December 15, 2020
Success comes from hard work, and some of the hardest work -- and biggest success -- in trucking happens when people become owner-operators. I suspect that most truckers at some point consider becoming their own bosses -- if so, you should begin thinking about it early in your trucking career.
In this case, “early” means during your first week at your CDL training school in Tacoma -- or wherever you live. While being an owner of a small business -- which is what an OO is -- is not for everyone, if you think you might want to follow that route, you have to start early.
Don’t hesitate to ask your instructors about being an owner-operator. Include the information in your memory bank, and use what you learn to keep your eyes open during your first years of your trucking career -- you won’t move to owner-operator for some time.
During those first years, also, keep an eye open for potential niches for your trucking business when you open it. Niche markets and business are the clear, fast road to success.
A niche market is simply a specialized market. People in niche markets have very specific needs and expectations, and frequently there’s not a high demand for the niche.
Many industries have niche markets. In every mall or downtown, you’ll see a variety of retail stores catering to niche markets. If you walk by “Country Florist”, you won’t expect to see children’s toys in the window. They’re in a niche market.
Trucking niche markets are generally created, not found. You will have to find what seems to be an underserved speciality to make it happen.
One example of a niche truck market is delivering logs from a logging company in one state to a port in another. Assuming you and your vehicle are cleared for port access, you might be able to make multiple deliveries in this niche each week, and spend most of the nights at home.
As I said, you’ll probably need to create your market -- you don’t want to be “all things to all people”. It’s just not possible. So you should think through the following ideas as you observe the trucking industry while planning your move to owner-operator. They’ll guide you into your niche.
Having port access to the ports near you is important. Each port will have its own rules, but if you are able to deliver and load at the port, you have access to more possible niches. Remember they need you as much as you need them -- perhaps more. Having the ability to cross the border into Canada opens up opportunities to create niches. Your broker will be able to find you more loads, in both directions -- as will you if you’re operating under your own authority. Add endorsements to your CDL. HazMat, tanker, and double/triple combinations are all endorsements which increase your flexibility and therefore the niches in which you can find success. Locating the significant rail yards and the shippers who work with those yards can bring you success. Many, of course, are served by many truckers, but they can provide a lot of business if you impress them with your diligence and effort.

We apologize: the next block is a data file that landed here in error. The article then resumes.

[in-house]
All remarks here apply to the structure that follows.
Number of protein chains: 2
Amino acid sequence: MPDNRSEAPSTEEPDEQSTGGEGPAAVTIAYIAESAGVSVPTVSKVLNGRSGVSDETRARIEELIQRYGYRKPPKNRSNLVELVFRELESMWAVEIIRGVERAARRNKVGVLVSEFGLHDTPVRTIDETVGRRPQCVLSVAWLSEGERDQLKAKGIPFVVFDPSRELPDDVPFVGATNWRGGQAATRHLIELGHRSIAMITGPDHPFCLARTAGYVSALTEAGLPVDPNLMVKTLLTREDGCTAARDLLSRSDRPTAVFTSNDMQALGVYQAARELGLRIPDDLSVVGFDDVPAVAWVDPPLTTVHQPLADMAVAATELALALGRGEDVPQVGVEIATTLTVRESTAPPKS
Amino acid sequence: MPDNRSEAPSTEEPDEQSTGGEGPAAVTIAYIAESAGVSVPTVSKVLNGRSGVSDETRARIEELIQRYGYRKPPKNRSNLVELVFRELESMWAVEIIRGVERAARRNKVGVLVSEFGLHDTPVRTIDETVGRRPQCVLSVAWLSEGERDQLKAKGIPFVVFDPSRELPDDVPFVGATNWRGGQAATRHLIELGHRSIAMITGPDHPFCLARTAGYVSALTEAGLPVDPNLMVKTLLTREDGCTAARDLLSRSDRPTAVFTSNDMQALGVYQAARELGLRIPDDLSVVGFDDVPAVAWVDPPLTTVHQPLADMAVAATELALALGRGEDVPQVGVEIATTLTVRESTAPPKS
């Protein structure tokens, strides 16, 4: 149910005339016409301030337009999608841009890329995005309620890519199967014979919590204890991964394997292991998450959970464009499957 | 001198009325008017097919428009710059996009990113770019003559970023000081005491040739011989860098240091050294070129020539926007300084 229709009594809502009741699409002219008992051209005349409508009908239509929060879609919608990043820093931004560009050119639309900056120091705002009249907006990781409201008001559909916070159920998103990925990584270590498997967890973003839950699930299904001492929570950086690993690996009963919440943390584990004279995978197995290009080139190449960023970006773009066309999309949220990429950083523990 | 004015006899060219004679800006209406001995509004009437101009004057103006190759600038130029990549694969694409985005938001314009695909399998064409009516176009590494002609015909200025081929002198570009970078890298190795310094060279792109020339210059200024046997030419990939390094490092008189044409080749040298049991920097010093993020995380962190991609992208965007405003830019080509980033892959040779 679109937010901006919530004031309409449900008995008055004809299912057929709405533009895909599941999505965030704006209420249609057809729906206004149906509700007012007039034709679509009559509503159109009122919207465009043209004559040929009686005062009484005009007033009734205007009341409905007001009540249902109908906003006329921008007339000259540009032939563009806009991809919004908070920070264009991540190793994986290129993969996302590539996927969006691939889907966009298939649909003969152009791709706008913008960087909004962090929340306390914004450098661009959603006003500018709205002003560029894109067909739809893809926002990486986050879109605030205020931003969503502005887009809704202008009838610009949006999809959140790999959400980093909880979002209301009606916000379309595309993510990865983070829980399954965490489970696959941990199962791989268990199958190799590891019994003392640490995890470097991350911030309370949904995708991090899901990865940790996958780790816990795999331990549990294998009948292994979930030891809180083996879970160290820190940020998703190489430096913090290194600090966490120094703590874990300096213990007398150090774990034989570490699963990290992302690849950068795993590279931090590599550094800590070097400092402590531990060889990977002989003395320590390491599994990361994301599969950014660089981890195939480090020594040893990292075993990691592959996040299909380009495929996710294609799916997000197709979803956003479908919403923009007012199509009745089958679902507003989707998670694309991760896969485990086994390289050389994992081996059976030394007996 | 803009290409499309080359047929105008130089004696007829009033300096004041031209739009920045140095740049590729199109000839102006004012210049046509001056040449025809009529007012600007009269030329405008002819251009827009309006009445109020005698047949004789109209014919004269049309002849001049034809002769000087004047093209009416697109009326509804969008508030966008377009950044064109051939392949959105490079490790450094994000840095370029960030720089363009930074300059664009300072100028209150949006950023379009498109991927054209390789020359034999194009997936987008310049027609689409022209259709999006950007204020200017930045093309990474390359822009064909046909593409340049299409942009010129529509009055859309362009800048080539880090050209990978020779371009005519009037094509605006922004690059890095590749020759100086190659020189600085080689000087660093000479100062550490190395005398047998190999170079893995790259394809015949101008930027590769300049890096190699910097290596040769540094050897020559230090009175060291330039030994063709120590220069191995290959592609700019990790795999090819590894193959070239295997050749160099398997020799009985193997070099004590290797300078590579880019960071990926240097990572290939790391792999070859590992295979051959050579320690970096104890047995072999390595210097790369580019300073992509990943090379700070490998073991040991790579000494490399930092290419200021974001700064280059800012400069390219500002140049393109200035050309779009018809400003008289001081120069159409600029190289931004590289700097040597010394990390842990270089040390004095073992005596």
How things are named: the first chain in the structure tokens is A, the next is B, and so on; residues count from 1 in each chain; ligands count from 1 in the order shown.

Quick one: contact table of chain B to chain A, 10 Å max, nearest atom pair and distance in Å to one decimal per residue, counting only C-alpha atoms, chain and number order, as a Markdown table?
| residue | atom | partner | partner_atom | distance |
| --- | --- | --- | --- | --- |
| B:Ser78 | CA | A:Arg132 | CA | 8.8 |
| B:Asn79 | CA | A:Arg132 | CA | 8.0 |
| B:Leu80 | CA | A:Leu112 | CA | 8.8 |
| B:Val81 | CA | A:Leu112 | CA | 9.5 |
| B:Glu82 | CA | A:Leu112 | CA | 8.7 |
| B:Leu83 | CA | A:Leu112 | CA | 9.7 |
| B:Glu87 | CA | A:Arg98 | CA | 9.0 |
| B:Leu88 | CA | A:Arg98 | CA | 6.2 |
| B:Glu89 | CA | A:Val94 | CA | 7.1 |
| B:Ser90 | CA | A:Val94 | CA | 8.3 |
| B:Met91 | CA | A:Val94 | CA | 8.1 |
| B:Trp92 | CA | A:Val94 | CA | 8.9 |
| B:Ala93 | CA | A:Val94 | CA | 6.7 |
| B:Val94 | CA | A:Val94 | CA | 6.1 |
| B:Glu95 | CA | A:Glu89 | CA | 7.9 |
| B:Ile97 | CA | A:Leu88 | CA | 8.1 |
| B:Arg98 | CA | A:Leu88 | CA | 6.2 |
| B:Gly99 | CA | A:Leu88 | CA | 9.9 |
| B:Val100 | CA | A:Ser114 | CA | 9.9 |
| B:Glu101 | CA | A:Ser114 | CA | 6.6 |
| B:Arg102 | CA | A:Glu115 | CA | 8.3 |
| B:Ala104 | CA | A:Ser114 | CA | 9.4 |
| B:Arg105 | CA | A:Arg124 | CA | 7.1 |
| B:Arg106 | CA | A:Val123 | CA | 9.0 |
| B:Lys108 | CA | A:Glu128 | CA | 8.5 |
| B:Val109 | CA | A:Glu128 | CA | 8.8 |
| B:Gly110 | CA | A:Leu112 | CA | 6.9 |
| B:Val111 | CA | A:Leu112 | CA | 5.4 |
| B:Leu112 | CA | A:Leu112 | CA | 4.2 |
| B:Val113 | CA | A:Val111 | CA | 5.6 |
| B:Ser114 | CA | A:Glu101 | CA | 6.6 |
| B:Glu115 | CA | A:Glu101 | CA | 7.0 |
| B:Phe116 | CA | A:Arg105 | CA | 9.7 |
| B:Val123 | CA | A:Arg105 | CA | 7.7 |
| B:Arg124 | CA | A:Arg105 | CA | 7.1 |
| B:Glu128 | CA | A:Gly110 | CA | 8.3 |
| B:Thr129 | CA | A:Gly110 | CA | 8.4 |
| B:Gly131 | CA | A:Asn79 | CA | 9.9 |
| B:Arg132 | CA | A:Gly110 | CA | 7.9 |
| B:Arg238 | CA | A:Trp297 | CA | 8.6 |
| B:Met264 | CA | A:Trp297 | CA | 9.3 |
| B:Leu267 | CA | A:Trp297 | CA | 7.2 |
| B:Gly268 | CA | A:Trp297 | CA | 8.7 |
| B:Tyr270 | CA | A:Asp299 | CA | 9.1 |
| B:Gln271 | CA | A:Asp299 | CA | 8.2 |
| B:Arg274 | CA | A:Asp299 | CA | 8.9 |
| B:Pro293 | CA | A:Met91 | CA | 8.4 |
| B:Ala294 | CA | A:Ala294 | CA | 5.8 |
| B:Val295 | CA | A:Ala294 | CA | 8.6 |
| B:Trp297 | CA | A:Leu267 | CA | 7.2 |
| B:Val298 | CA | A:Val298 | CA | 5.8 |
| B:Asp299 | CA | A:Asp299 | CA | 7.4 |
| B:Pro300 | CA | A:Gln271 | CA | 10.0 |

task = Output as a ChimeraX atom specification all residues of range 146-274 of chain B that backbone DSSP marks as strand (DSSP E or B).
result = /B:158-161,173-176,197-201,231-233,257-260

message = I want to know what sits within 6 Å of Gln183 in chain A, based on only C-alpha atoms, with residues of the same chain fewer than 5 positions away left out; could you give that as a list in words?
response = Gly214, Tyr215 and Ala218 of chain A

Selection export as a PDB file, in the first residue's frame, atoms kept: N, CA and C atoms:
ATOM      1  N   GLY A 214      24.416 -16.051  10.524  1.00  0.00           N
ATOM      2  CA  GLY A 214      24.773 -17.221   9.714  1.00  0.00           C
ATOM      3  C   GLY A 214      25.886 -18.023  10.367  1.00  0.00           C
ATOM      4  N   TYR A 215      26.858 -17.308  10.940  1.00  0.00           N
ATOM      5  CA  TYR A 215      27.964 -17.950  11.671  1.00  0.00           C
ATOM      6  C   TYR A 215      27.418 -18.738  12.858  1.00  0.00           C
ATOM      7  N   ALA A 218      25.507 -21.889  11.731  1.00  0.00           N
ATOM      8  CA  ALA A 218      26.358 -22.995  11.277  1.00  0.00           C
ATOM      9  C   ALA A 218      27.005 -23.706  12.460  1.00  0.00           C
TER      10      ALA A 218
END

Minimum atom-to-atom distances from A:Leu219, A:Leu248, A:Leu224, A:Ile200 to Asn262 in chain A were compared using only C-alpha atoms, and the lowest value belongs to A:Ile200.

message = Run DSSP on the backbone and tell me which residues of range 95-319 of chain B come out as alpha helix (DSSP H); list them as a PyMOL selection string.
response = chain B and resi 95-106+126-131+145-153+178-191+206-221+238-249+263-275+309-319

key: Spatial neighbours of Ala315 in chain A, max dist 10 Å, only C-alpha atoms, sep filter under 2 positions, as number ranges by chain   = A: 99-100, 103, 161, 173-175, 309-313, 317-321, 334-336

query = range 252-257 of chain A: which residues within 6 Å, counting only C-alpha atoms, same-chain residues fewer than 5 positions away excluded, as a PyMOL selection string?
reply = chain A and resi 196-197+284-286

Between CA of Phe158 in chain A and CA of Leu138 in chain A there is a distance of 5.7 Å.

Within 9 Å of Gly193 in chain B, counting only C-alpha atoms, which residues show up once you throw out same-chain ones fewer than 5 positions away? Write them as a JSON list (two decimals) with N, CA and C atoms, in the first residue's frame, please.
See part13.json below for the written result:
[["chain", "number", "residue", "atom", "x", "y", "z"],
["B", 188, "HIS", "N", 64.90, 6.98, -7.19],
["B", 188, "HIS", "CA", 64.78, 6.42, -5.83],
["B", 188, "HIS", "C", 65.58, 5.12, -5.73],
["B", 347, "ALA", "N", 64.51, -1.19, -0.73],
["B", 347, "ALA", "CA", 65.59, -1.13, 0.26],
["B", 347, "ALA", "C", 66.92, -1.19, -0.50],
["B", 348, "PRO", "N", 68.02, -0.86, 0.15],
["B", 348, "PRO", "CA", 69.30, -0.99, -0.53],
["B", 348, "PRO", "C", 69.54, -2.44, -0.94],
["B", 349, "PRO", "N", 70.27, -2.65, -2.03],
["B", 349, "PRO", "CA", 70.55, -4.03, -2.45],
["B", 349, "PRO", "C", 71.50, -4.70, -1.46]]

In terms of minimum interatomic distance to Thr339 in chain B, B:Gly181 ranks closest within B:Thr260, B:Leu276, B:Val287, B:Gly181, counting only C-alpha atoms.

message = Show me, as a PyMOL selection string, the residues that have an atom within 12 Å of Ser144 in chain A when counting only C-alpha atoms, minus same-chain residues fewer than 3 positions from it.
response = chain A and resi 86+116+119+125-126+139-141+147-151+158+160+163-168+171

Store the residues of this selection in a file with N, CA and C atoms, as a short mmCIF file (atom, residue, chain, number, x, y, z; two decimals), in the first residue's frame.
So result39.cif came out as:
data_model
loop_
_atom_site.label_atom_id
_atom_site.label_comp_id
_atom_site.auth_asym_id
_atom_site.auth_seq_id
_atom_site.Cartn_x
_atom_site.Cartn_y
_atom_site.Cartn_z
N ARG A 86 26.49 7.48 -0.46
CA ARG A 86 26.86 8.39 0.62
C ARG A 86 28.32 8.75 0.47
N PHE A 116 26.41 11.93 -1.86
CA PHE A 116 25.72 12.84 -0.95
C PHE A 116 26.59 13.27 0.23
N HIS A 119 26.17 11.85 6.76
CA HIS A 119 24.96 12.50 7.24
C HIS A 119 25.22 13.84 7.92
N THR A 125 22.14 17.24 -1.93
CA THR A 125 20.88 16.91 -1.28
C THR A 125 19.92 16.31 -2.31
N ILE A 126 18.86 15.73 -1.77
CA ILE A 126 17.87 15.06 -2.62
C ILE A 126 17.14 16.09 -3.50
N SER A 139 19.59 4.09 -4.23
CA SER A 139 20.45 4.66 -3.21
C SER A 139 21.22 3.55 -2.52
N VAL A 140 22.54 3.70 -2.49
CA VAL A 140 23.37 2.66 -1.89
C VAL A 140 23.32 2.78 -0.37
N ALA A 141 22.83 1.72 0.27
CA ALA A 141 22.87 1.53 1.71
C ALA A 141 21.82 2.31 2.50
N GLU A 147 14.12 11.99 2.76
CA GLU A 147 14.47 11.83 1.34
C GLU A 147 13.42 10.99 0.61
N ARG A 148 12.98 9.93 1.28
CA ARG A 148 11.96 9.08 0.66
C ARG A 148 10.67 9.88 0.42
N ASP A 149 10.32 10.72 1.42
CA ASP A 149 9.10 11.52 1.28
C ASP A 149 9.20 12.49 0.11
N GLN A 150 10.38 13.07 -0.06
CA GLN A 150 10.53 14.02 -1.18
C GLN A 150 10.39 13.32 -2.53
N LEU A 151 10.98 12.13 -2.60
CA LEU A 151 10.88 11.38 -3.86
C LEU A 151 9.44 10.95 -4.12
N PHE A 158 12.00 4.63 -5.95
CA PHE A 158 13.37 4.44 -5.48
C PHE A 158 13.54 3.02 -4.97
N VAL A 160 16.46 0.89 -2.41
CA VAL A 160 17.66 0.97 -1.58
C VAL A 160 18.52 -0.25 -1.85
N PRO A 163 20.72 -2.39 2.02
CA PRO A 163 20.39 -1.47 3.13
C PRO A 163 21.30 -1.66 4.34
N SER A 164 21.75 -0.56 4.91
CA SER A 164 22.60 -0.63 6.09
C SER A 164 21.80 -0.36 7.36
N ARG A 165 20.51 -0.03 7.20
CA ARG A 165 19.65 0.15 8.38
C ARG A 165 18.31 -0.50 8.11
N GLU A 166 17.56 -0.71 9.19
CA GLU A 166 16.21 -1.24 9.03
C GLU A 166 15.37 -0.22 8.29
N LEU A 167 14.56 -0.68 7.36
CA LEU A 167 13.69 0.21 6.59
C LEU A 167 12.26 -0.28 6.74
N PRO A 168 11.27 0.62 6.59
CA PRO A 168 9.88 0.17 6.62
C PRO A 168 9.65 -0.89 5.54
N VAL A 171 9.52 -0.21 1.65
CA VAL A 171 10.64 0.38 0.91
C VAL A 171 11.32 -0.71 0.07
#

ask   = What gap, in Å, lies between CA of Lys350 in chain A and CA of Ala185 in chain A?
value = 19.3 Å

What are some examples of trucking niches?
Don’t be afraid to think outside the box as you’re developing your business plan. Here are some ideas for you to ponder.
You can’t be all things for all people. I know that during your early years, you’ll be hauling for anyone, to anywhere. But during this time, you should keep your eyes open -- find possible niches whether you want to be an owner-operator or not, but especially if you do. Your training for your CDL should help you
Even if you don’t want to be an owner-operator, looking for niches can work for you. Some companies may be in a niche which works for you, and you’ll get many of the same benefits a niche market brings you.
Your niche can lead you into a very happy and successful career in trucking. Finding a niche is crucial for owner-operators, and as you’re developing your plan to become one, think through the niche you can create for yourself.